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Iraq Pact Forces Security Contractors to Confront Work Without Immunity

Wall Street Journal (2008-11-19) August Cole

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  • NOVEMBER 19, 2008

Iraq Pact Forces Security Contractors to Confront Work Without Immunity

By AUGUST COLE

The new agreement covering the U.S. military presence in Iraq, which appears to end immunity from local law for private security contractors, could affect companies the U.S. is likely to rely on as it reduces its forces there.

The broad deal, which had been negotiated for months, removes immunity for armed security guards protecting U.S. officials and facilities, as well as contractors involved in the U.S. military's massive supply chain.

With contractors falling under the jurisdiction of Iraqi courts, it could become harder for them to recruit new workers and could drive up costs as insurance rates and wages rise to offset the risk of landing in a local jail.

The agreement, which could be approved by Iraq's parliament next week, would replace an expiring United Nations mandate covering U.S. forces. The new arrangement would go into effect Jan. 1, about a month before Iraqi provincial elections are set to take place. Iraq's Prime Minister Nouri al-Maliki is pushing for Iraqi lawmakers to approve the deal over opposition from Shiite cleric Moqtada al-Sadr.

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Iraq Associated Press

Iraqis at a Baghdad cafe watch Prime Minister Nouri al-Maliki call for support for the security pact negotiated with the U.S., which removes legal immunity for security contractors.

Iraq Iraq

The U.S. military employs almost 90,000 non-Iraqi contractors who do everything from guarding supply convoys to serving meals to soldiers. Those workers, employed by companies such as KBR Inc. of Houston and Triple Canopy Inc. of Herndon, Va., have played an increasingly important support role to U.S. military operations, and their numbers could increase as the U.S. draws down its regular forces.

For the incoming Obama administration, the agreement removes one potential political flashpoint with the Iraqi government after complaints the U.S. wasn't doing enough to hold contractors accountable. A September 2007 shooting involving a Blackwater Worldwide security team working for the State Department left 17 Iraqis dead. The Justice Department is still investigating the shooting.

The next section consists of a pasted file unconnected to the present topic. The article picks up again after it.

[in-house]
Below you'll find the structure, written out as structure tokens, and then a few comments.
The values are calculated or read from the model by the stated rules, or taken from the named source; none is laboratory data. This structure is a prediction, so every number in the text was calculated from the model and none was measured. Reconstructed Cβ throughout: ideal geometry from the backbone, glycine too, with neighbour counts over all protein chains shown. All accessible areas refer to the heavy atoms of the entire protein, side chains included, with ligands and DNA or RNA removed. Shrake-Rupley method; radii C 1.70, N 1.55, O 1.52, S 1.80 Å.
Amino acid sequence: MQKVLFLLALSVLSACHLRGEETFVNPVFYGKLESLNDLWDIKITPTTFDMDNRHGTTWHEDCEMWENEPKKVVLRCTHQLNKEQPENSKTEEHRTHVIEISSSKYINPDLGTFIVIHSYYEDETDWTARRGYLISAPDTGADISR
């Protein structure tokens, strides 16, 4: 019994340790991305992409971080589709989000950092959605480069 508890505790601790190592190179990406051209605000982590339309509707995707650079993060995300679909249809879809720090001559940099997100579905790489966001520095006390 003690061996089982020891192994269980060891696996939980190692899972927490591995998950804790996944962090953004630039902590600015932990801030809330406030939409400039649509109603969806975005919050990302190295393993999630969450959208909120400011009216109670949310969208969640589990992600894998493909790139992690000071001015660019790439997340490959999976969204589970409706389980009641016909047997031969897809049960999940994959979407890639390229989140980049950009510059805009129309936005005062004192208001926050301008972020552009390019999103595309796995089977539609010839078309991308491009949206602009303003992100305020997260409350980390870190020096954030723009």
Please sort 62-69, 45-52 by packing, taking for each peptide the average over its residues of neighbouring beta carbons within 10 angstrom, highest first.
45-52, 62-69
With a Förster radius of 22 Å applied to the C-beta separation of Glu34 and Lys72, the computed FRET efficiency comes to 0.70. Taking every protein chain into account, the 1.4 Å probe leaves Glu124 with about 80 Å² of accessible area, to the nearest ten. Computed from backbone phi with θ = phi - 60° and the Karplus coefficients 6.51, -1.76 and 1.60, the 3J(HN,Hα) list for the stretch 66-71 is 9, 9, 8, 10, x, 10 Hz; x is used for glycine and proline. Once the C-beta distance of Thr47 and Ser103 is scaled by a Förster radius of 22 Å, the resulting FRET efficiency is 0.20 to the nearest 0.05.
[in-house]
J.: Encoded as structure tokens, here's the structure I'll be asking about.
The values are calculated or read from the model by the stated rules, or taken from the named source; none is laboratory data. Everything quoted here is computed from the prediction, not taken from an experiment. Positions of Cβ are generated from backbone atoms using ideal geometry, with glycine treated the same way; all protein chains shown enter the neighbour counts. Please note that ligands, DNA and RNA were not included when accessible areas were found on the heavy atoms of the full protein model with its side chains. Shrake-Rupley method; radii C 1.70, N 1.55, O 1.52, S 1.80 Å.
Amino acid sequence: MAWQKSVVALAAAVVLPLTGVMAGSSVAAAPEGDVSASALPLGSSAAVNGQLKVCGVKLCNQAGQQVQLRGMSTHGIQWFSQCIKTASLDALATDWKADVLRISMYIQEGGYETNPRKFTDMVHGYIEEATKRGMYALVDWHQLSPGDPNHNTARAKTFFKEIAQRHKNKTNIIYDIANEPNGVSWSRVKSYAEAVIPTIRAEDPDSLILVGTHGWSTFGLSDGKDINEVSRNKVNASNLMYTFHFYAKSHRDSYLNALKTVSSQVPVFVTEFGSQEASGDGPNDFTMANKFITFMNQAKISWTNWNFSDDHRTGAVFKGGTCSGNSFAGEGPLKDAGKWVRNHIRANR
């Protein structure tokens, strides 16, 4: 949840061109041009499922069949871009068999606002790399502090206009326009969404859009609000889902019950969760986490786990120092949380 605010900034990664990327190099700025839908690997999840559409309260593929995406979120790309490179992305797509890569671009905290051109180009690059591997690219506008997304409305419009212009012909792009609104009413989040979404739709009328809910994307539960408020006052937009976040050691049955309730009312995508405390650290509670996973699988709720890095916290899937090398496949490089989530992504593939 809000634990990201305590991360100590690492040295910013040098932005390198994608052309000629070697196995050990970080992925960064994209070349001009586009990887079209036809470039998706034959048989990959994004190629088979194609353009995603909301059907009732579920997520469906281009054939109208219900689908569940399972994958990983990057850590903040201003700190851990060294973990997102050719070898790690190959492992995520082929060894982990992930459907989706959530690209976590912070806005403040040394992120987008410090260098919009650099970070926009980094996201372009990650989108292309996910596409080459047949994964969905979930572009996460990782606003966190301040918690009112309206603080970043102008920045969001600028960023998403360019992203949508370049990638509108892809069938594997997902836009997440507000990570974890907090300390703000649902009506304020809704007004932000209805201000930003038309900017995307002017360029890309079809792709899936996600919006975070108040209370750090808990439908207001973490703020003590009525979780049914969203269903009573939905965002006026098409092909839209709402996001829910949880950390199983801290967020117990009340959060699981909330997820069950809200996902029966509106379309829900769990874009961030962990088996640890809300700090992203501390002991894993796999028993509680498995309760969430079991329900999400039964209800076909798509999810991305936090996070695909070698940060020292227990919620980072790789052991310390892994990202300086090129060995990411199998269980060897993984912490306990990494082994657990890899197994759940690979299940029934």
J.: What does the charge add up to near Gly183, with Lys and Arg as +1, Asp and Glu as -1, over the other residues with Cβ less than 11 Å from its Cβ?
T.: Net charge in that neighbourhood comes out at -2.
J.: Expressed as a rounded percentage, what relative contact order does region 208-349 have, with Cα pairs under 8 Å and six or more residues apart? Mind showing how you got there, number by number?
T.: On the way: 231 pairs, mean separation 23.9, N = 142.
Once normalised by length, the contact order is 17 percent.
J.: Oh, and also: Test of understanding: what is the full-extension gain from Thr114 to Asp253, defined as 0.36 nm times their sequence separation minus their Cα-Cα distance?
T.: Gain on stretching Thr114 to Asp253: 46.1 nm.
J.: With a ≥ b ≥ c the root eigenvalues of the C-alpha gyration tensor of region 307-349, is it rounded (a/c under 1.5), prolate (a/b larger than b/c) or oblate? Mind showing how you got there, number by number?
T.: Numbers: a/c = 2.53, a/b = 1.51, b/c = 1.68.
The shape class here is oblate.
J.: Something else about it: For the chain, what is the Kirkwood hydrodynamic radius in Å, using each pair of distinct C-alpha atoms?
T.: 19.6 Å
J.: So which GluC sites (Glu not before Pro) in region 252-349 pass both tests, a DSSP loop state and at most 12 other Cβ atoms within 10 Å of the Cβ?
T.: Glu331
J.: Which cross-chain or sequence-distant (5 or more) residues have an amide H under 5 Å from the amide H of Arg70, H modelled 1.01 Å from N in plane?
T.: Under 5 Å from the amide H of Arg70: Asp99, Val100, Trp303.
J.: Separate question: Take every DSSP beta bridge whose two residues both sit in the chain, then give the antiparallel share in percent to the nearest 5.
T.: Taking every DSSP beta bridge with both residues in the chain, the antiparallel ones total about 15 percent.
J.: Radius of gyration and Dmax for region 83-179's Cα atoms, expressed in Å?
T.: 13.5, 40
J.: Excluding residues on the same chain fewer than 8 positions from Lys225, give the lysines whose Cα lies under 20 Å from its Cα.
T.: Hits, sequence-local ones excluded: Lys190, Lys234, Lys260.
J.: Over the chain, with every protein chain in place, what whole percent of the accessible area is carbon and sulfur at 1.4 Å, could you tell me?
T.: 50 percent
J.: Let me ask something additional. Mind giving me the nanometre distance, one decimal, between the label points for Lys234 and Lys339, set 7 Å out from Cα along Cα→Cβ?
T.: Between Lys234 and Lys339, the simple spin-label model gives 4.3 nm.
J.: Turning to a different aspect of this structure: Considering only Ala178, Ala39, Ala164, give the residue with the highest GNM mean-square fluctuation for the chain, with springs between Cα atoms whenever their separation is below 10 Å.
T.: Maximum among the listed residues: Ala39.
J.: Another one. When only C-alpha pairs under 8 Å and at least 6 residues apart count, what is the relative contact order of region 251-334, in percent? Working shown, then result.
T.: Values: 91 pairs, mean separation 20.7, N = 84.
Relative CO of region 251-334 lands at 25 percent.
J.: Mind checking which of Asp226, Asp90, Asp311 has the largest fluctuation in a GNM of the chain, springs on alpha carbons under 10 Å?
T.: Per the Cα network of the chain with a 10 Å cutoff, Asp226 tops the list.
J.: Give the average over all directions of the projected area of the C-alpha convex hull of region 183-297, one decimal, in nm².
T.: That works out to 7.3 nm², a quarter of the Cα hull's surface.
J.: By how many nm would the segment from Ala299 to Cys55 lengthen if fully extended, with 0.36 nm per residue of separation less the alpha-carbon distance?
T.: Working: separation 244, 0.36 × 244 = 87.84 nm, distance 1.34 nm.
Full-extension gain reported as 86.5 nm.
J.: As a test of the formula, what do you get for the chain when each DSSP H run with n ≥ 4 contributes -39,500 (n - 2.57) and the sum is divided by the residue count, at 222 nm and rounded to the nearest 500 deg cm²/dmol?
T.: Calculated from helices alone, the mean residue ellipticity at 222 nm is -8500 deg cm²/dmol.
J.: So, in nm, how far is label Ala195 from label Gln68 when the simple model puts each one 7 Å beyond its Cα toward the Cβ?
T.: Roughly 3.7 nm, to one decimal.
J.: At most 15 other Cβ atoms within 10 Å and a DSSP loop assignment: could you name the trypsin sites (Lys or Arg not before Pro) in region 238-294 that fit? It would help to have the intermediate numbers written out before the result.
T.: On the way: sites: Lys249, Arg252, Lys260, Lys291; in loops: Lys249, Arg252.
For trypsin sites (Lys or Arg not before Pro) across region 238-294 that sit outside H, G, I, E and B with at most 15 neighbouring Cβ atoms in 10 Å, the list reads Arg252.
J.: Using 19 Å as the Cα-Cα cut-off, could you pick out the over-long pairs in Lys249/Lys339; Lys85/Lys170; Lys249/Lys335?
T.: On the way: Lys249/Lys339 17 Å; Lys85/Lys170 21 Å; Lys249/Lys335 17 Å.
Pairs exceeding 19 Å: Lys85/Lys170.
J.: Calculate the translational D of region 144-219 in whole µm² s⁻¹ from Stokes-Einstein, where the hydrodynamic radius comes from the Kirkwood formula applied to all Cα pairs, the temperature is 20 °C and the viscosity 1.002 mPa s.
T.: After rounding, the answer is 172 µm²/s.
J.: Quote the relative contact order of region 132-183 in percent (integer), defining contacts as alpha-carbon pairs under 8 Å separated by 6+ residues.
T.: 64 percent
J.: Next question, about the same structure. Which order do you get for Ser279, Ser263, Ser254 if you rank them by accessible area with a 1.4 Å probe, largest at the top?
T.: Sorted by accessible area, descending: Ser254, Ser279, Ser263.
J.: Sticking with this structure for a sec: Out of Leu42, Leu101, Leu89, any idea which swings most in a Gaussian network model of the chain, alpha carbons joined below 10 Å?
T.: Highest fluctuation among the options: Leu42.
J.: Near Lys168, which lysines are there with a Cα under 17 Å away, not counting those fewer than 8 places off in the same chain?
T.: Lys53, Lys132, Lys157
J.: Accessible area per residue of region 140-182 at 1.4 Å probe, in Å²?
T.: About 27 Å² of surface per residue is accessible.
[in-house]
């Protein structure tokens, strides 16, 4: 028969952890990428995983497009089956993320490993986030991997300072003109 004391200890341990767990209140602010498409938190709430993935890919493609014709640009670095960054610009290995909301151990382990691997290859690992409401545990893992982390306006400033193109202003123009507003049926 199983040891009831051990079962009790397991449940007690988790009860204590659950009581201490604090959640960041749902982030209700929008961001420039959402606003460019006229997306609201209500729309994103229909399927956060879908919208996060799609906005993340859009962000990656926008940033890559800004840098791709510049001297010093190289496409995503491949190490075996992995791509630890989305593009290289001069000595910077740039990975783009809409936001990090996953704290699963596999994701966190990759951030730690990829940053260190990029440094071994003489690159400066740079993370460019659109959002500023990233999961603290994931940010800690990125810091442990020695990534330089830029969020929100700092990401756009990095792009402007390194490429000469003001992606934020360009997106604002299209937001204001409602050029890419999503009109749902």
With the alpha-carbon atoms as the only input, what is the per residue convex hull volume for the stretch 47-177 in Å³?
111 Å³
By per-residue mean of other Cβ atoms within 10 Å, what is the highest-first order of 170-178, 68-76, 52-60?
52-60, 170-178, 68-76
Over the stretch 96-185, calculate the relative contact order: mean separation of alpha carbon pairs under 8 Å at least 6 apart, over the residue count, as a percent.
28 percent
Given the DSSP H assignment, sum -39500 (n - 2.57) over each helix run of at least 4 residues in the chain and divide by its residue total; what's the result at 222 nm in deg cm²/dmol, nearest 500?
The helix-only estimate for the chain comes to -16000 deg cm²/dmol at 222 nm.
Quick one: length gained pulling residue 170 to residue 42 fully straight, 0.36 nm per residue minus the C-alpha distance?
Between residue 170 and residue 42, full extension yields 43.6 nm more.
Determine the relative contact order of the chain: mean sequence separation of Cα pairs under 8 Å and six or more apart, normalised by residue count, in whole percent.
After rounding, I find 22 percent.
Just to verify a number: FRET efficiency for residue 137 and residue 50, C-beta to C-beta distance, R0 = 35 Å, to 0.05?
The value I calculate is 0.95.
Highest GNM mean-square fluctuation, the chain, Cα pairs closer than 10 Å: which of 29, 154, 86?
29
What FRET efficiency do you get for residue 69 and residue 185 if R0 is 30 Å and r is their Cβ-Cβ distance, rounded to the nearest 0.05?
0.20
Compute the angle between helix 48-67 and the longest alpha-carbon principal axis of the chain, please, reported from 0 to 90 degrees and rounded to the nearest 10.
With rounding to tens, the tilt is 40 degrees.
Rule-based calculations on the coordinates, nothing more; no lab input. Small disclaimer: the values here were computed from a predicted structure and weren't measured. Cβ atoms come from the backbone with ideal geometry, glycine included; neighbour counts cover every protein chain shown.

While the text of the agreement focuses on Defense Department contractors, the State Department says it also applies to its contractors, such as Blackwater, DynCorp International LLC and Triple Canopy. State Department officials are going to meet with the security firms and other State Department contractors Thursday to discuss the situation.

The loss of legal immunity for contractors had been expected.

Doug Brooks, the head of the International Peace Operations Association, a Washington industry group for security and logistics contractors, said member companies support accountability in Iraq but have concerns about the fairness of the country's legal system.

Write to August Cole at august.cole@dowjones.com

Copyright 2008 Dow Jones & Company, Inc. All Rights Reserved

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Title Iraq Pact Forces Security Contractors to Confront Work Without Immunity
Publisher Wall Street Journal
Author August Cole
Pub Date 2008-11-19
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Keywords Blackwater, Iraq War
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Topic revision: r1 - 2008-11-20, RaymondLutz
 

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